When drugs are required, hormones that suppress prolactin (the hormone responsible for milk production) are now the best options. These drugs can result in abortion if the dog is found to be pregnant, therefore it is critical to be certain. Metergoline acts in a way to suppress prolactin but may also be used to terminate false pregnancy. It takes around 4-5 days of medication to stop the lactation and bring everything back to normal.
Sometimes, you can use home remedies to treat mastitis and mild cases of pseudopregnancy. For example, cabbage leaves reduce swelling and pain by cooling off the area, reducing inflammation. If your dog is diabetic or has heart problems, smoking the leaves is not recommended.
Your veterinarian can also prescribe antibiotics if mastitis is diagnosed. If the cause of the lactation is unknown, your vet may do some tests (x-rays, blood work, etc) to determine the underlying problem.
The consequences of lactation in dogs have reduced calcium levels, which can lead to bone problems. Lactating dogs should be given plenty of fresh water and a diet that is low in sodium. Owners of lactating dogs should monitor their pet’s weight and look for any signs of dehydration. If your dog is producing milk, contact your veterinarian for information about how to best care for her.
Is it normal for my dog to produce milk?
Yes, it is normal for some female dogs to produce milk. The mammary gland which produces milk remains active after the mother dog has stopped feeding her pups.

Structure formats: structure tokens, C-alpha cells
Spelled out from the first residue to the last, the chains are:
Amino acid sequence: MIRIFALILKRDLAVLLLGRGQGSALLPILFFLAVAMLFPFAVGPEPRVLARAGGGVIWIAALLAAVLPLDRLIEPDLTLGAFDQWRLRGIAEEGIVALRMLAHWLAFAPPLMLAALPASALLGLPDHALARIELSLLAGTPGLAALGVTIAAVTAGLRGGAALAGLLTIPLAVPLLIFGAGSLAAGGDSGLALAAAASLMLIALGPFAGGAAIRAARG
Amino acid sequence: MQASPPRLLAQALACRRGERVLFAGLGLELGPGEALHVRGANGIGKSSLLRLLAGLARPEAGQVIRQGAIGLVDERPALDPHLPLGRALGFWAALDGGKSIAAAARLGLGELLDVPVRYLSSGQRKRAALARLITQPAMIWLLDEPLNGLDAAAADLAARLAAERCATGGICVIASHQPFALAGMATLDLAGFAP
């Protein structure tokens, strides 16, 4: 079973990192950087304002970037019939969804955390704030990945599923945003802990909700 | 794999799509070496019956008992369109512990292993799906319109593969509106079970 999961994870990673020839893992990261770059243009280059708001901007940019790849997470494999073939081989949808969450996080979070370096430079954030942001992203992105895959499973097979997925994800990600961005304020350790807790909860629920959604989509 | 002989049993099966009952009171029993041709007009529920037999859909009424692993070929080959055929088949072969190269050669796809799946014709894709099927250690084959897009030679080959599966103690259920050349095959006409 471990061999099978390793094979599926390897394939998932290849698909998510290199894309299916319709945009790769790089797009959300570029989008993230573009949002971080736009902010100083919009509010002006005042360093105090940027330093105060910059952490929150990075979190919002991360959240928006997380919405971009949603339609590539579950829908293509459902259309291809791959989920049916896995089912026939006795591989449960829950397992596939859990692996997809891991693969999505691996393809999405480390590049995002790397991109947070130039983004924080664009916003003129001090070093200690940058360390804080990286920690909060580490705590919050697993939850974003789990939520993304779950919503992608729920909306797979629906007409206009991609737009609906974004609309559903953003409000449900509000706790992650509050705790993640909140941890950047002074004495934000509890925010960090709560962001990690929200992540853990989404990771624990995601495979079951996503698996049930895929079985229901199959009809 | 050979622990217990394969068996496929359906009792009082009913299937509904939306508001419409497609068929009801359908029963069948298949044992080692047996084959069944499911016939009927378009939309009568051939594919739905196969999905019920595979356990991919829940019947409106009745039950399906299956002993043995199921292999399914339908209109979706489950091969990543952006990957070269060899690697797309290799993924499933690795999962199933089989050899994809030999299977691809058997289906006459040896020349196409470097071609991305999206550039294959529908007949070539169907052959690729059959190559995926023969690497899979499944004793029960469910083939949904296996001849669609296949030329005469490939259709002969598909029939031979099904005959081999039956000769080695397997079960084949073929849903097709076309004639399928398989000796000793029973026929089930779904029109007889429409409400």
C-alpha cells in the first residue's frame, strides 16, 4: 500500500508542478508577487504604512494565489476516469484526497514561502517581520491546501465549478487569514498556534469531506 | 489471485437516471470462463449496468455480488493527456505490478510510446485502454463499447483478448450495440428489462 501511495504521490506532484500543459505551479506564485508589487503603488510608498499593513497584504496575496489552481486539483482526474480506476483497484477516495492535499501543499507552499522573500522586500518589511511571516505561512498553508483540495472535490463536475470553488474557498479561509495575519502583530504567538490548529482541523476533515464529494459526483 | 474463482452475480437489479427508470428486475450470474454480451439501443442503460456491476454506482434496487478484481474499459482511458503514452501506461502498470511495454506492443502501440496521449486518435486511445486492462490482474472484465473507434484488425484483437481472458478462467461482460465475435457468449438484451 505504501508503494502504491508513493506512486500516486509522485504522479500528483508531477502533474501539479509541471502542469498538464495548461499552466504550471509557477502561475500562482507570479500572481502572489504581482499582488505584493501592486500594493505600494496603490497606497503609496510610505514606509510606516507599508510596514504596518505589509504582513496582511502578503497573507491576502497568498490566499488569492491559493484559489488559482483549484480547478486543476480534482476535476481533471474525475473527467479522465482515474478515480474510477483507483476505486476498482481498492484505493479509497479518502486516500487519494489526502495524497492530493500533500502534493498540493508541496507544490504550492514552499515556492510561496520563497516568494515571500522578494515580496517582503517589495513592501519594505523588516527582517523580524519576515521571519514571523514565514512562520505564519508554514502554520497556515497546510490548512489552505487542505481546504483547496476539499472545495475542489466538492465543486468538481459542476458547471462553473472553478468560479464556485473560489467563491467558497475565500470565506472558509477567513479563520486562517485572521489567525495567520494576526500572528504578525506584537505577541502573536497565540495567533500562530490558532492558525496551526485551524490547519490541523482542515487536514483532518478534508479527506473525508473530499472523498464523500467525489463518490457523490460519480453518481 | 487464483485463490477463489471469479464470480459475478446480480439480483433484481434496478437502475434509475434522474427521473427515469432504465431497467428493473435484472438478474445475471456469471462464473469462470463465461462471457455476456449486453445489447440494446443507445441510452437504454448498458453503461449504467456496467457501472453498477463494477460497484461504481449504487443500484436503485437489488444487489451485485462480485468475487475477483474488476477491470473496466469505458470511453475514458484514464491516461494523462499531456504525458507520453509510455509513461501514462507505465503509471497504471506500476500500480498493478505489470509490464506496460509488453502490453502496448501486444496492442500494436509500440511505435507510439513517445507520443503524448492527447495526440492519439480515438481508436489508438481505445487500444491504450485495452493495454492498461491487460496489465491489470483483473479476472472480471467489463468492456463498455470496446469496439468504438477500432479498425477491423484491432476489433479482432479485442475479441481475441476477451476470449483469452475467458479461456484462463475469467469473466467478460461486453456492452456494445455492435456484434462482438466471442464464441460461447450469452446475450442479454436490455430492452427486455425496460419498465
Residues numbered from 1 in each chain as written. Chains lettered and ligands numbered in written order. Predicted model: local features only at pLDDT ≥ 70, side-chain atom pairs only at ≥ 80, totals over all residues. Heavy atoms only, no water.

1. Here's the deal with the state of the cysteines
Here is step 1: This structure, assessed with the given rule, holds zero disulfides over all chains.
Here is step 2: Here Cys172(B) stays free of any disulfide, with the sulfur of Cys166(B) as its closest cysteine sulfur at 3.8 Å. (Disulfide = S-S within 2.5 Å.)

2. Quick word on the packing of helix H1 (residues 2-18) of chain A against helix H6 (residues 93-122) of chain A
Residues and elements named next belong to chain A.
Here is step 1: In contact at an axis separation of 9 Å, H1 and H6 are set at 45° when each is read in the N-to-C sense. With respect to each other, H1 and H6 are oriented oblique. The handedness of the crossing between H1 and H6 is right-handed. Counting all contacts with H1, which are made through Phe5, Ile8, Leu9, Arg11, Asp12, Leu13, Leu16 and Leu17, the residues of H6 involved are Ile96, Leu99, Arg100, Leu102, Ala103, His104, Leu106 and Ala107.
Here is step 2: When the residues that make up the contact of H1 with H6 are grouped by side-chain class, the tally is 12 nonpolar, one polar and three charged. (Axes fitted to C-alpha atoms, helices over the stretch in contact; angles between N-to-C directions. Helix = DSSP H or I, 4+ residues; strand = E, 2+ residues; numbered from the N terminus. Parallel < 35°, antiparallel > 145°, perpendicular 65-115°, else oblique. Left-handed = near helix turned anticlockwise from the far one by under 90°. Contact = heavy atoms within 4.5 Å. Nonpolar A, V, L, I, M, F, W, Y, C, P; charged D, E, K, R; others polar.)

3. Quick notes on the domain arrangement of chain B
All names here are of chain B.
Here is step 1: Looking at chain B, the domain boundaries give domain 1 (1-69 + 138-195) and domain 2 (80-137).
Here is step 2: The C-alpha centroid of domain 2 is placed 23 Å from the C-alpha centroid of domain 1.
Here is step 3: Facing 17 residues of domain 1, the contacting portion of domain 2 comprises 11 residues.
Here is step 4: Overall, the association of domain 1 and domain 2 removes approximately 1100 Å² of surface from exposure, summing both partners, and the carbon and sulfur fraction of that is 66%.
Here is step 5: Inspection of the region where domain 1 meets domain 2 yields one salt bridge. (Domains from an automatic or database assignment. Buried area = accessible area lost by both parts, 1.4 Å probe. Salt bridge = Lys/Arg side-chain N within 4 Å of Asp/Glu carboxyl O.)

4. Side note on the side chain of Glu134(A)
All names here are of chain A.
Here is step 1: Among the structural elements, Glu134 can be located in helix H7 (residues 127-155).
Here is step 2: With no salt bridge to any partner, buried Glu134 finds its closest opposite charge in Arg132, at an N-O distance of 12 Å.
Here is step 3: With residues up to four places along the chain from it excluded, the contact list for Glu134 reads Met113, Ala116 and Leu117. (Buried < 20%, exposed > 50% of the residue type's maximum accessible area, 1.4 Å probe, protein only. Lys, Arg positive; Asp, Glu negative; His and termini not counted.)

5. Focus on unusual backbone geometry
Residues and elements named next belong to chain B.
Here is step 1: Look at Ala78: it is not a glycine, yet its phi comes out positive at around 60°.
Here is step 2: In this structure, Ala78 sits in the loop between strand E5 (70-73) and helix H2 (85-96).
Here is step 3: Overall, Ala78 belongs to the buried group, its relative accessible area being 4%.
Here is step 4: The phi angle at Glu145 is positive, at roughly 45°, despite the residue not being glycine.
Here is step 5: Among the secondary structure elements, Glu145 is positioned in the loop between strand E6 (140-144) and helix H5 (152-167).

Can nipples produce milk when not pregnant?
The nipple cannot produce milk unless stimulated by the hormone prolactin. The hormone prolactin is what stimulates the production of milk. However, if a female dog is pregnant and then gives birth, her mammary glands must be stimulated by the hormone prolactin in order to produce milk.
How can you tell if a dog is having a false pregnancy?
The best way to know if a dog is having a false pregnancy is several different signs of the pregnancy, such as swollen nipples and mammary glands. However, two of the most common ways to tell that a female dog is going through a false pregnancy are that her estrogen levels rise and she may begin lactating.
Is it dangerous for my dog to produce milk?
Yes, if a female dog is producing more milk than normal, it is important to consult a veterinarian. Excess milk production can lead to dehydration, weight loss, and mammary gland tumors.
Can a dog’s nipples get infected?
Yes, nipples can become infected. If a dog’s nipples are red, swollen, and painful, she may have an infection. Consult your veterinarian if you think your dog may have an infection.
Can I give my dog antibiotics to stop milk production?
Antibiotics are only effective in treating the infection that may have caused the milk to be produced. If the cause of the lactation is unknown, your vet may do some tests (x-rays, blood work, etc) to determine the underlying problem. If antibiotics are prescribed, it is important to complete the entire course of treatment.
What do you do if your dog has a false pregnancy?
If your dog is having a false pregnancy, there is not much you can do to stop it. The best thing you can do is to make sure she has a comfortable place to rest and plenty of fresh water. If your dog begins lactating, contact your veterinarian for information about how to best care for her.